By Ralf Spiller, Matthias Degen and Andreas Köhler
Traditional publishing business models have been challenged in the past decade as advertising revenues and profits decline. At the same time alternative business models have started to appear. Crowdfunding is one that has particularly captured the public’s imagination and a variety of these platforms, which can be useful for journalistic projects, have been launched in different countries. However new research indicates that crowdfunding is unlikely to compensate for the present economic changes in the industry.
Researchers from the Macromedia University of Applied Sciences in Cologne and from the Westfalian University of Applied Sciences in Gelsenkirchen, Germany, analysed 25 crowdfunding platforms in the United States, Canada, Great Britain, Ireland, Germany, Australia and New Zealand. A multiple case study approach was used and guideline-based interviews with the platform operators supplemented the collected data. Key questions focussed on financing models, success rates, marketing requirements and self-conception, as well as organisation of journalistic projects.
Some preliminary results were presented at the 5th European Communication Research and Education Association (ECREA) Conference in Lisbon in November 2014. Here are some of the findings: Only six of the 25 analyzed platforms (which were studied in September 2013 and one year later, in September 2014) were devoted exclusively to journalistic projects. Four of those specialized platforms are situated in the US. The first platforms were founded in 2011, 15 have been in operation for more than one year. While 10 new platforms launched in 2014, four platforms closed in the 12 months between 2013 and 2014.
Most of the 25 crowdfunding platforms studied are still in operation but – on closer examination – they are subject to a process of differentiation.
Around 100 employees work for the biggest US crowdfunding platform, kickstarter. Most other platforms employ significantly fewer people. Additionally many platform employees work only part-time. Most platforms follow a so-called “ebay principle”: “If you want to sell something, you have to do the marketing on your own.” Only three crowdfunding platforms offer coaching, for an additional fee. Most (22) platforms operate without any marketing support for project providers.
In more than three quarters of the analyzed platforms a minimum funding has to be reached to start the project. This means that journalists have to act beyond content production and undertake marketing efforts themselves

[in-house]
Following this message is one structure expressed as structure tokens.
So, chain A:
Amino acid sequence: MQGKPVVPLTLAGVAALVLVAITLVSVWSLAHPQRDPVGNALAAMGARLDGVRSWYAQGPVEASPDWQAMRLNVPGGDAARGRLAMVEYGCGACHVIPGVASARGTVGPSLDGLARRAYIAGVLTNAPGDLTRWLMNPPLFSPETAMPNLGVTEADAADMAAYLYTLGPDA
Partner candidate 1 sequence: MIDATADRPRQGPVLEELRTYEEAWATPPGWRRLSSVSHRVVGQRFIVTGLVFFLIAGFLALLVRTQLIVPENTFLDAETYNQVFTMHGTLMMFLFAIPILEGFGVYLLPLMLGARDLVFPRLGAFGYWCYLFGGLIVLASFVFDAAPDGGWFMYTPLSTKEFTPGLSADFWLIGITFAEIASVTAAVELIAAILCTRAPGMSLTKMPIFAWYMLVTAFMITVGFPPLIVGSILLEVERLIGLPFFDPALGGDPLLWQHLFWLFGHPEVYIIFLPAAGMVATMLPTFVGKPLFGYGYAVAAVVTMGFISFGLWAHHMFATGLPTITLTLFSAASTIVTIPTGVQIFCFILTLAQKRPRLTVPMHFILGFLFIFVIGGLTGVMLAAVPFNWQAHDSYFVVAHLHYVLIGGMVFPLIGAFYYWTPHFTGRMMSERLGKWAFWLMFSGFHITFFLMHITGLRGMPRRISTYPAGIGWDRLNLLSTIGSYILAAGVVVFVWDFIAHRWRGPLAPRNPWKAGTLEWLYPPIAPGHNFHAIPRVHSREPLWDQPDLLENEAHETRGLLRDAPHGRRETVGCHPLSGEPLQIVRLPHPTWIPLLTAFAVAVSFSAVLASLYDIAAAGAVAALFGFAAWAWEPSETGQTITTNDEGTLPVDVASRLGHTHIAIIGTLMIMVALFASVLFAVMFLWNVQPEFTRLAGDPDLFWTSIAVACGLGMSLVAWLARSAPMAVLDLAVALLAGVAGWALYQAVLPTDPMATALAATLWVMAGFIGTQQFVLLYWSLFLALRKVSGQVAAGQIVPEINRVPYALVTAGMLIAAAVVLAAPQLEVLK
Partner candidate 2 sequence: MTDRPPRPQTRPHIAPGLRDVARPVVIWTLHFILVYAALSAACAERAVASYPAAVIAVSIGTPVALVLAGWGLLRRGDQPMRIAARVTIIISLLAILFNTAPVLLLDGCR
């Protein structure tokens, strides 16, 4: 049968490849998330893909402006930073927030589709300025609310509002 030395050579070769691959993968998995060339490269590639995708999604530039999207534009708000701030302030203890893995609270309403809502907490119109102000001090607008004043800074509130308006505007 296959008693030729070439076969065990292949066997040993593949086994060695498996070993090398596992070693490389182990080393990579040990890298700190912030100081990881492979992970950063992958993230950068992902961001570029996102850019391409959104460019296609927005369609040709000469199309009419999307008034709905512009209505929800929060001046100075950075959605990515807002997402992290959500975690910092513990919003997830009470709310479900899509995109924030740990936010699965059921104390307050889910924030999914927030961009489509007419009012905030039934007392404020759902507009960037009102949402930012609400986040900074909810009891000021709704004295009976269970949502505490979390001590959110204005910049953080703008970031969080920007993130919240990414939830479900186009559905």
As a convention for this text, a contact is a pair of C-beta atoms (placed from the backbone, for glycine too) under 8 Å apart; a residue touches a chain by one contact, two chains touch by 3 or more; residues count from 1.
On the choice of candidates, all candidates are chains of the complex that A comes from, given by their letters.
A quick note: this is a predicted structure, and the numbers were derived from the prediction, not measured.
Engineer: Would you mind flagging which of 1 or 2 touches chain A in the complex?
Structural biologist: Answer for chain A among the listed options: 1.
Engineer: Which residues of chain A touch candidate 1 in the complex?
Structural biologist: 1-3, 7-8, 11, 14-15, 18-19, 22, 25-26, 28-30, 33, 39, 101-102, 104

Depending on the platform, around one third or two thirds of all projects gather enough funding to become executed. But the percentage of journalistic projects is very low. In the case of kickstarter there were only 426 successful journalistic projects out of a total of 70,383 realized projects. In other words: only 0.6 per cent of all executed projects had a journalistic aim.
In the case of the German crowdfunding platform, startnext, the journalistic projects add up to only three per cent. This demonstrates that journalism does not seem to be a very attractive opportunity for crowdfunding.
In conclusion there is a small “market” of crowdfunding platforms with certain changes in size, financial model and geographic reach. There is also a tendency of concentration and market consolidation. While the number of “allrounders” grows – even in the journalistic segment – the platforms that specialise in journalism stagnate or disappear. Taking a look at the number of journalistic projects on all platforms, they seem to be rather unattractive for sponsors.
Thus crowdfunding can be considered only as a supplement to classic journalistic business models. From a current market perspective, crowdfunding does not seem to be able to provide significant funding for journalism.
sources: Degen, M. / Spiller, R. / Köhler, A. (2014): Crowdfunding in journalism – an international comparative study, presentation at ECREA’s 5th European Communication Conference “Communication for Empowerment: Citizens, Markets, Innovations”, Lisbon, Portugal, Nov.12thto 15th 2014.
The article was republished from European Journalism Observatory with permission.
Stefan Weinacht is Professor of Applied Communication Research at Westphalian University, Gelsenkirchen.
Ralf Spiller is Professor for Media Management at the Macromedia University of Applied Sciences in Cologne, Germany.